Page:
Long-term exposure to ambient fine particulate matter and chronic kidney disease: a cohort study
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AbstractBACKGROUND: Chronic kidney disease (CKD) is a serious global public health challenge, but there is limited information on the connection between air pollution and risk of CKD.

OBJECTIVE: The aim of this study was to investigate the association between long-term exposure to particulate matter (PM) with an aerodynamic diameter of less than 2.5 mu m (PM2.5) and the development of CKD in a large cohort.

METHODS: A total of 100,629 nonCKD Taiwanese residents age 20 y or above were included in this study between 2001 and 2014. Ambient PM2.5 concentration was estimated at each participant's address using a satellite-based spatiotemporal model. Incident CKD cases were identified by an estimated glomerular filtration rate (eGFR) of less than 60 mL/min/1.73 m(2). We collected information on a wide range of potential confounders/modifiers during the medical examinations. Cux proportional hazard regression was applied to calculate hazard ratios (HRs).

RESULTS: During the follow-up, 4,046 incident CKD cases were identified, and the incidence rate was 6.24 per 1,000 person-years. In contrast with participants with the first quintile exposure of PM2.5, participants with the fourth and fifth quintiles exposure of PM2.5 had increased risk of CKD development, adjusting for age, sex, educational level, smoking, drinking, body mass index, systolic blood pressure, fasting glucose, total cholesterol, and self-reported heart disease or stroke, with an HR 195% confidence interval (CI)1 of 1.11 (1.02, 1.22) and 1.15 (1.05, 1.26), respectively. A significant concentration response trend was observed (p < 0.001). Every 10 g/m3 increment in the PM2.5 concentration was associated with a 6% higher risk of developing CKD (HR: 1.06, 95% CI: 1.02, 1.10). Sensitivity and stratified analyses yielded similar results.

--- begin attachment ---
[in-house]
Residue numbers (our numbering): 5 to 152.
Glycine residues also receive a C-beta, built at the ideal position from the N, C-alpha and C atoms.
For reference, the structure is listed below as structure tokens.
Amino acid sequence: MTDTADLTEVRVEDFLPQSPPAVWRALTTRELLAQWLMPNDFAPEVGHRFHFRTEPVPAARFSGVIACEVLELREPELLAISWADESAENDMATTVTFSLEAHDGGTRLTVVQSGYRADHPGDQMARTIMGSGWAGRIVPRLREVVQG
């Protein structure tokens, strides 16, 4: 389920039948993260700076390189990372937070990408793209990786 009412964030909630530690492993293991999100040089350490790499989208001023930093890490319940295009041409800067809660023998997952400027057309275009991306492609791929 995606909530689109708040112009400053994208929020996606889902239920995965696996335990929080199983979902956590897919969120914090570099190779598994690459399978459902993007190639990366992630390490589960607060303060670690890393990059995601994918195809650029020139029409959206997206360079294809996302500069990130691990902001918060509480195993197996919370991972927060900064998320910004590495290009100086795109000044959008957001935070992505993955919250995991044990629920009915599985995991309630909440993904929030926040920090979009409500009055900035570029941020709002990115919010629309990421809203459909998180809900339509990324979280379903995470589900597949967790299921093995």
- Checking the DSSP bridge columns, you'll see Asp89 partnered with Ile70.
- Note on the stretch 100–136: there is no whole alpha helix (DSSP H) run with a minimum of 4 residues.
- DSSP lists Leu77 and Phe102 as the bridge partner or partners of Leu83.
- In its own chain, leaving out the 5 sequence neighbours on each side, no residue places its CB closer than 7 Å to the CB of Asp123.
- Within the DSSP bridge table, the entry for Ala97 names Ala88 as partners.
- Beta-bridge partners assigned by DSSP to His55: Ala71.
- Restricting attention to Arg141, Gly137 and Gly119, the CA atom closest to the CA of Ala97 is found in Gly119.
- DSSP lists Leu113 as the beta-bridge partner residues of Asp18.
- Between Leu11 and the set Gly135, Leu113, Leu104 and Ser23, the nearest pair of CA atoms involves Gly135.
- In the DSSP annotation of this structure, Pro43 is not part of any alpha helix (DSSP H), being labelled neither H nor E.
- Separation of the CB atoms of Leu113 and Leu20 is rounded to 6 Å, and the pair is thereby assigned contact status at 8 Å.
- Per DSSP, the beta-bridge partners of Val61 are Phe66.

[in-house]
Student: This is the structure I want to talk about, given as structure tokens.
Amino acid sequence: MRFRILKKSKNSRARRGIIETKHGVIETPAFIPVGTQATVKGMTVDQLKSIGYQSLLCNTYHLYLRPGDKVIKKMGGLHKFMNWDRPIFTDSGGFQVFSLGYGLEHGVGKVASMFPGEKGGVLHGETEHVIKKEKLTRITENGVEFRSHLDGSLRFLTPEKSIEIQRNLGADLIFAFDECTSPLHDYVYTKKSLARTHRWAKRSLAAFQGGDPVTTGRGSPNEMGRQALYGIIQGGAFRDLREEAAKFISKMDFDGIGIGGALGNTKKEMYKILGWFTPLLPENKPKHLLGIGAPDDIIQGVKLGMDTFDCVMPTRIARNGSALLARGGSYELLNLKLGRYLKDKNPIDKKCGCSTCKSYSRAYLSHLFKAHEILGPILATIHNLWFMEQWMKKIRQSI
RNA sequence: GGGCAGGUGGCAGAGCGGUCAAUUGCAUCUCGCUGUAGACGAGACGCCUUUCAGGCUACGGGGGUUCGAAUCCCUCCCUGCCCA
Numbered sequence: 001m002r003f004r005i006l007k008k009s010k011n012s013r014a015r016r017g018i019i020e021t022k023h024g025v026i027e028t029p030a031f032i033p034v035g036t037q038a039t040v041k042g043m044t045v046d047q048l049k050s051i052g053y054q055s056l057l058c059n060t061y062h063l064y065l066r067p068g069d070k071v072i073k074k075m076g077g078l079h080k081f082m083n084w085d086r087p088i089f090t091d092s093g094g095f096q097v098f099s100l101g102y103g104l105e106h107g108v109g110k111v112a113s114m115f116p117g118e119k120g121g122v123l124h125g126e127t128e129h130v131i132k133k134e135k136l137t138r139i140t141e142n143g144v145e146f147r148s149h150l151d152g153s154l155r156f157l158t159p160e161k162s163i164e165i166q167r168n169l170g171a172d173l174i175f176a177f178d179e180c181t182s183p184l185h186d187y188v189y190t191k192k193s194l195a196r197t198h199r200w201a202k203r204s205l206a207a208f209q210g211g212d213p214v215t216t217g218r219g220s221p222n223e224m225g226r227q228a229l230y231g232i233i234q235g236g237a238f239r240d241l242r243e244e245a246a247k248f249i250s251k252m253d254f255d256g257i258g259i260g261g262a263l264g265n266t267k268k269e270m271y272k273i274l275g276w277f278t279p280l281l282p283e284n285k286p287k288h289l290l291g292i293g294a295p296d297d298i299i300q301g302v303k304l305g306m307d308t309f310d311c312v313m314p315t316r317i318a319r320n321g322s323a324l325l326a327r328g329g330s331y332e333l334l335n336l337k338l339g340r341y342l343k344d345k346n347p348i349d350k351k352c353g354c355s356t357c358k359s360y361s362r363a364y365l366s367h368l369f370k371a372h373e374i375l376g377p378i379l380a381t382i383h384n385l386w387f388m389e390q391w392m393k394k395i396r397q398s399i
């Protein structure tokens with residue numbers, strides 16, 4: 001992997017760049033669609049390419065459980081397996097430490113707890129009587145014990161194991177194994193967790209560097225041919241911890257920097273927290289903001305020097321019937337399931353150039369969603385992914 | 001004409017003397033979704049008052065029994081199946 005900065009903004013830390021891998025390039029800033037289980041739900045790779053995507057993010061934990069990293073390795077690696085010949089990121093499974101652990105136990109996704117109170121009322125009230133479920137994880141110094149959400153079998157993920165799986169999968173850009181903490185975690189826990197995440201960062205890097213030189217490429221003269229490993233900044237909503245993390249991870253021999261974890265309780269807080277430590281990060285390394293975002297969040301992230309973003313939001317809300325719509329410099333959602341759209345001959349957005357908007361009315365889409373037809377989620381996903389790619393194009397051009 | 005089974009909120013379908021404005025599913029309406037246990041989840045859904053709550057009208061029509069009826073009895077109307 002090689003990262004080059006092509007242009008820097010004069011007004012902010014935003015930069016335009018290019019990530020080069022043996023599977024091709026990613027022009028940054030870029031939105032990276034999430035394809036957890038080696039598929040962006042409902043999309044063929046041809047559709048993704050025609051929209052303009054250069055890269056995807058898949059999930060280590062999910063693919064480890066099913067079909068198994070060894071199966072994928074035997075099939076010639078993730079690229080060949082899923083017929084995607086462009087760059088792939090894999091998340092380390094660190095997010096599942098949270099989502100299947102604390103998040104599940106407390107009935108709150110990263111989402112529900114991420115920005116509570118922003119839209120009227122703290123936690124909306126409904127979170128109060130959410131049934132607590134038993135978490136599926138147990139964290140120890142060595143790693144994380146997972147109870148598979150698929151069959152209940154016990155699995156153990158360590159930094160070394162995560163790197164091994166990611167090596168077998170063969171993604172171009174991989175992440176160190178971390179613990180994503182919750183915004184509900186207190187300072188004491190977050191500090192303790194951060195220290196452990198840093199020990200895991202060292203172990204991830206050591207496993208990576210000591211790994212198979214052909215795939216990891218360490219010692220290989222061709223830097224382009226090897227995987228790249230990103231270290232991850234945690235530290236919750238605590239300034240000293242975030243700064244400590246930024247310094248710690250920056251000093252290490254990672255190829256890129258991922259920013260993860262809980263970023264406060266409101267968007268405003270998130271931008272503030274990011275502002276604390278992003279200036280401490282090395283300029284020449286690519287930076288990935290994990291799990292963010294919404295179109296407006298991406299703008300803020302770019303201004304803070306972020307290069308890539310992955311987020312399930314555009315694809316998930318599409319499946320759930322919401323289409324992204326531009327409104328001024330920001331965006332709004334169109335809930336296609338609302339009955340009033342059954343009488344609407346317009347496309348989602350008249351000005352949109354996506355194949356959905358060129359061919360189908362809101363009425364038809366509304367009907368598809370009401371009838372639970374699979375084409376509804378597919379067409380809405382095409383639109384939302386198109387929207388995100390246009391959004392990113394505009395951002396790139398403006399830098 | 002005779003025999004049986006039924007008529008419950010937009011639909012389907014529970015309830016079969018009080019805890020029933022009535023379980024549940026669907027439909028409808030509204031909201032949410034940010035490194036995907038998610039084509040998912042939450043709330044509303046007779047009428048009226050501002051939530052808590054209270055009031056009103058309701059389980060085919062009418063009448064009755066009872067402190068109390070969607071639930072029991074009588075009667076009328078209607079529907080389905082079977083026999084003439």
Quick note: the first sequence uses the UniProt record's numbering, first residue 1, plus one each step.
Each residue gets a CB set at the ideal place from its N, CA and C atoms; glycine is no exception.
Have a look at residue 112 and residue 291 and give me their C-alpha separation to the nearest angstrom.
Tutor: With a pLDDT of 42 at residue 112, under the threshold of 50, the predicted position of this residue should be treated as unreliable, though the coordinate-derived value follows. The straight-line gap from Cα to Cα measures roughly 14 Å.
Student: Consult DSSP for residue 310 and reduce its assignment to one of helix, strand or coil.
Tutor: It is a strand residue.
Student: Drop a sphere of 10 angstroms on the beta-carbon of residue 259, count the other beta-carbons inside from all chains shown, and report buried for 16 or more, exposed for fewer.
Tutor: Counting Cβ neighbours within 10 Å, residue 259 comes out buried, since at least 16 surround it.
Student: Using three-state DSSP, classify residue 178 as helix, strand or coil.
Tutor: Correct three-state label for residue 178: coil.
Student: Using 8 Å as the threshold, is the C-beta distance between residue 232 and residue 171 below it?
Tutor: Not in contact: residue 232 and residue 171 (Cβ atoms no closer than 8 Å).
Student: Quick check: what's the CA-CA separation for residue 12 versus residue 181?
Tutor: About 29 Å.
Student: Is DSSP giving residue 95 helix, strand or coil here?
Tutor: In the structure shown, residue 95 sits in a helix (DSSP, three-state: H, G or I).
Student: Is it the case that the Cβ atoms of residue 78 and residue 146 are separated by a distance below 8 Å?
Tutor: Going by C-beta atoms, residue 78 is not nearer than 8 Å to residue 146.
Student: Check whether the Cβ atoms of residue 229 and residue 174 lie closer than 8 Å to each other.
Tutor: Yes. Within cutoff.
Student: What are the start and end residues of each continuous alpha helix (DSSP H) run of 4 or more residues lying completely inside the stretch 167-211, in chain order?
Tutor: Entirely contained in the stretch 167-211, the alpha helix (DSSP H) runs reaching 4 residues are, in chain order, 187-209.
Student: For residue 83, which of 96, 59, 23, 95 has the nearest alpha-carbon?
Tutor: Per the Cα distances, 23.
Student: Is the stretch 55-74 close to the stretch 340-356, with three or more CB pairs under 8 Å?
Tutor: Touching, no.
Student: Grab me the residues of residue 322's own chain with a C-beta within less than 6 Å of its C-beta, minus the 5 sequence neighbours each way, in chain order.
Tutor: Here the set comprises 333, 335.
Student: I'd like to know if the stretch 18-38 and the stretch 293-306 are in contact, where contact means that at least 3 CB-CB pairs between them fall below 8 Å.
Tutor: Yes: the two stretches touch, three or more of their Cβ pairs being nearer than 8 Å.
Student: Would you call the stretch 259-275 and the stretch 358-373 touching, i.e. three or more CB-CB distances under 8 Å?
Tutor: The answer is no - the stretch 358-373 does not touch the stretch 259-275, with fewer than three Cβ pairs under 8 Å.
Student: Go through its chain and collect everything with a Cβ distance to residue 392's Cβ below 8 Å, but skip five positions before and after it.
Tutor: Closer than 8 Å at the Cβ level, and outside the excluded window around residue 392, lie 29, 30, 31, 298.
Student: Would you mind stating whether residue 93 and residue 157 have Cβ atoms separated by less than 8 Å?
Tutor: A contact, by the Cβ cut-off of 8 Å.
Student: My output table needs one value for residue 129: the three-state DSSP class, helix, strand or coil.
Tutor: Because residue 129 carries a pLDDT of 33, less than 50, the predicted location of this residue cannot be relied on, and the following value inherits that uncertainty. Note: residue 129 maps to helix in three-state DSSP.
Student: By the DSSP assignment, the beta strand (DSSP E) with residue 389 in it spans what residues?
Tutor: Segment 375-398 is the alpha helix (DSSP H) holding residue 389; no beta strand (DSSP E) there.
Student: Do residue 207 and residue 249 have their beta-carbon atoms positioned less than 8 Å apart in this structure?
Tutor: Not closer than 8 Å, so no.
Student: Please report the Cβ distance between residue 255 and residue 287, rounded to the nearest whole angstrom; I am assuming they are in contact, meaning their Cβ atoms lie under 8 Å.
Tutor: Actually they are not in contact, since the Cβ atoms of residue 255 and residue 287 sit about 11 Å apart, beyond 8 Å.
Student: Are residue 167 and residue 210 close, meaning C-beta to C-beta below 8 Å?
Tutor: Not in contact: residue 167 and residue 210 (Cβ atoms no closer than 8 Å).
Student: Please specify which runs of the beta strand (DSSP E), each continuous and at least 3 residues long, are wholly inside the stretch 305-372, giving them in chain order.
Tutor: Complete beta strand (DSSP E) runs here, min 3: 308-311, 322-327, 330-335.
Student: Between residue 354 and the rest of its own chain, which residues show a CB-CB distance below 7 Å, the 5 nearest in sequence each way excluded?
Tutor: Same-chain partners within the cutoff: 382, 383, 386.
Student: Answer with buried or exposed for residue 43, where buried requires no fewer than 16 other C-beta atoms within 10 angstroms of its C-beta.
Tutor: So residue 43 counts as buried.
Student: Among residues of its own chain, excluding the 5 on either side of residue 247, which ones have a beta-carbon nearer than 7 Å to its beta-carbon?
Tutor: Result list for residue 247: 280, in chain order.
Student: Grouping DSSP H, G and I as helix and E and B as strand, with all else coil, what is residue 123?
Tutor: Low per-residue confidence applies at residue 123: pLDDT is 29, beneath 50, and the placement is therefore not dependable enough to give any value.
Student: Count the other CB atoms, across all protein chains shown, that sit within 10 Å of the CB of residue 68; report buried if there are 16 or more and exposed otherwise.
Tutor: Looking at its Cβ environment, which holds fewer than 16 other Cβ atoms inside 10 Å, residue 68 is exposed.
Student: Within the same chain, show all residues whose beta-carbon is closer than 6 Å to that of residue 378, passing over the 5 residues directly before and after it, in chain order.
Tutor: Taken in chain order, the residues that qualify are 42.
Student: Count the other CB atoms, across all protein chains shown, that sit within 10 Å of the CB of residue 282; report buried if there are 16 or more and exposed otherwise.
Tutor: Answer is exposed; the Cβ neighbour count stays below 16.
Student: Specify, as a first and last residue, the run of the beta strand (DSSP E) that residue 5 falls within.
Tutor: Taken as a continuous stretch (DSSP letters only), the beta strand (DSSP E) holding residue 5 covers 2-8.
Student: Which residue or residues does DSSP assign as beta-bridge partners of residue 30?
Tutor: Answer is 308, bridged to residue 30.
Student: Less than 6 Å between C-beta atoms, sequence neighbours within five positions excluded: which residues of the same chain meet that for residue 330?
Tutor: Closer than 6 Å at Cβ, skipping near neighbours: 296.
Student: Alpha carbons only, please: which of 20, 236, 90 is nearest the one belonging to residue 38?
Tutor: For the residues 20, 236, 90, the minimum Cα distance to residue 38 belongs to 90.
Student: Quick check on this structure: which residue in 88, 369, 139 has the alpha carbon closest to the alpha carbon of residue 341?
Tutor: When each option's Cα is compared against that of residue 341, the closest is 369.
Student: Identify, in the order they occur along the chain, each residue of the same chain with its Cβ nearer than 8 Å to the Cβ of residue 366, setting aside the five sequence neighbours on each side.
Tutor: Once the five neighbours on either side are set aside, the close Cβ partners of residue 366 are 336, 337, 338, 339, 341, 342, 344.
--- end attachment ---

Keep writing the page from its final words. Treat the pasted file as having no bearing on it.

CONCLUSIONS: Long-term exposure to ambient PM2.5 was associated with an increased risk of CKD development. Our findings reinforce the urgency to develop global strategies of air pollution reduction to prevent CKD.
All Author(s) ListTa-Chien Chan, Zilong Zhang, Bo-Cheng Lin, Changqing Lin, Han-Bing Deng, Yuan Chieh Chuang, Jimmy W.M. Chan, Wun Kai Jiang, Tony Tam, Ly-yun Chang, Gerard Hoek, Alexis K.H. Lau, Xiang Qian Lao
Journal nameEnvironmental Health Perspectives
Volume Number126
Issue Number10
Article number107002
LanguagesEnglish-United States

Last updated on 2021-10-01 at 02:22